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That’s Baby Minnie Mouse, who is Nora’s new favorite character, and whom she calls “Money.” Also, Minnie came with a sort of Velcro swaddling blanket that kept falling off, and Nora would say “I need help!” and then, “She’s very very very very very cold,” as we reswaddled her.

Speaking of Minnie, Nora was typical about meeting the characters. From far away, she was all about giving them hugs, but as soon as we got close she would cry. So we waited for a minute at Mickey’s house but when she lost interest, we left. She insisted upon waiting to meet Minnie, however, so I forced her to go through with the photo.

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She looks thrilled, yes?

There were, all things considered, minimal tantrums or meltdowns at Disneyland, if you don’t count mine. But I was sick, so it totally doesn’t count. ANYONE would have been grumpy, trust me on this.

The days we weren’t at Disneyland we went to a local science museum, the beach, and a tiny nearby airport to eat lunch and watch the planes take off. Then we went swimming in the backyard pool of my friends’ 35-bedroom home. All told, it was a really fun, fabulous trip. And may I take this opportunity to say that we receive multiple compliments on our well-behaved children on each of the four different flights we took, so we win. (Seriously, the plane rides were easy! EASY! I don’ t know how we got so lucky.)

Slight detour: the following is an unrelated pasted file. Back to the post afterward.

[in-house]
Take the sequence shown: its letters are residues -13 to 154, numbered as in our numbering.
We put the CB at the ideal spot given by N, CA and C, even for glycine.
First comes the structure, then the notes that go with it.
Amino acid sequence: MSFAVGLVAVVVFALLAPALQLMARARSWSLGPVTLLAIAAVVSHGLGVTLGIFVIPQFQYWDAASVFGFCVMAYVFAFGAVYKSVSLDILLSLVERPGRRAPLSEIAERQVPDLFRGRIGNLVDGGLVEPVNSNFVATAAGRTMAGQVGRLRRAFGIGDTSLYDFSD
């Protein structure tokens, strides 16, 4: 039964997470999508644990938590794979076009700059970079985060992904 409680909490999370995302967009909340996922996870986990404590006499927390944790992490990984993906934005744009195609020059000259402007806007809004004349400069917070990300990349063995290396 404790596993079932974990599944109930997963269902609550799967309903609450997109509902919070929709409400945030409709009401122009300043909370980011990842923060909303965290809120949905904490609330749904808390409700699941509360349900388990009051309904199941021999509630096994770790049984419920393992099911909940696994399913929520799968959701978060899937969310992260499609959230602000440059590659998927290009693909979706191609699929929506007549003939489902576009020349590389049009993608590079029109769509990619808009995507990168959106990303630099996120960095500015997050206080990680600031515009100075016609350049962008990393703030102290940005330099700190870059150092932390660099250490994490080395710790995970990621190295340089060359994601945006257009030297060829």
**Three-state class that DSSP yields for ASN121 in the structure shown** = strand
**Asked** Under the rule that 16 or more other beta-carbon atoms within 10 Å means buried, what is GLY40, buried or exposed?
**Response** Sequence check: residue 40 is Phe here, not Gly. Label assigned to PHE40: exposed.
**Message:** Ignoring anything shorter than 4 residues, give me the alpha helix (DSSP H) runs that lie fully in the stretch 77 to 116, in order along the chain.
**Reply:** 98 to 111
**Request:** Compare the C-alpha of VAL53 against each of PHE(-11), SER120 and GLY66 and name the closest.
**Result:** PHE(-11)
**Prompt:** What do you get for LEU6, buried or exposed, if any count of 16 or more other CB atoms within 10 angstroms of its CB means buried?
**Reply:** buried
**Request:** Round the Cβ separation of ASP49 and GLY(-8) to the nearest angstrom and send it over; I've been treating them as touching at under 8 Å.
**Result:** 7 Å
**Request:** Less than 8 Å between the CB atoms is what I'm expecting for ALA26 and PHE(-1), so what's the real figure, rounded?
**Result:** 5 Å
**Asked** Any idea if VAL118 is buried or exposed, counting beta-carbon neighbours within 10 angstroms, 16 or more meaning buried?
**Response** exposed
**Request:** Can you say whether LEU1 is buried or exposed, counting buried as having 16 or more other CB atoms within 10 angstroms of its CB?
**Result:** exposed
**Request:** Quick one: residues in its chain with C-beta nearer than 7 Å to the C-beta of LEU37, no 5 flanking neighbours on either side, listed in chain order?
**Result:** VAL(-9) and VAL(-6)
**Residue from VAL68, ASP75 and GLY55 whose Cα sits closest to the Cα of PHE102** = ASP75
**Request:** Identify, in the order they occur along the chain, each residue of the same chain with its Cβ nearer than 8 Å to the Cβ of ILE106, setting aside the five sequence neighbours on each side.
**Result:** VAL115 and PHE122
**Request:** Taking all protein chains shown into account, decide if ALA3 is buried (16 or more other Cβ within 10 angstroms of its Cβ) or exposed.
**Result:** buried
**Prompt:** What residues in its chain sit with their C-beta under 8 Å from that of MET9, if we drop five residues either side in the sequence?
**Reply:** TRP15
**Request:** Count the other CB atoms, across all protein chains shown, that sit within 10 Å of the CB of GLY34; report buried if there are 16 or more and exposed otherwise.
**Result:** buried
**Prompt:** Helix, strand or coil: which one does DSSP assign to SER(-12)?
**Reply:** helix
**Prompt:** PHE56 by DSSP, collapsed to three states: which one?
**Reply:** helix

Wednesday, June 15, 2011

I’m equally familiar with the phenomenon of falling asleep during a movie

I’ve been reading The Man of Your Dreams by Curtis Sittenfeld. I grabbed it at the library when I saw it because I loved Prep and I am always excited to find an author I know I like at the library since I don’t have lots of shelf-browsing time these days. And yes, I agree that I’d have better luck if I went to the library with a list of books, or, better still, requested them to be held for me, but BLAH BLAH BLAH. I didn’t.

So anyway, I was enjoying the book quite a lot, despite Sittenfeld’s slightly gimmicky use of the present tense and the time-jumping style of the plot. Each chapter started a chunk of time past the end of the previous chapter, and then would become a sort of flashback to the time that was skipped. I was following it pretty well until the main character, Hannah, was talking to her cousin Fig’s boyfriend in the car while they were on the way to pick up Fig. It was all going well, but then Sittenfeld started referring to things that I could swear had not been explained, like Fig’s and Hannah’s trip to L.A., or Hannah’s dinner with her father. It seemed to fit in with the flashback-style of the book; I assumed she was planning to reveal things later. Nevertheless, I was feeling kind of grumpy about it, because it was just too jumpy. I mean, come on, Sittenfeld. Get it together.

And then, as I was approaching the end of the story, I realized that I had inadvertently skipped some of the book. Sort of a lot, actually. It turned out to be pages 48-160. I just didn’t read them. So, yeah. The plot seemed a bit jumpy. It was a lot like falling asleep in the middle of a movie, the key difference being that a movie keeps going without you, so it makes sense that you would miss a chunk. This… was different.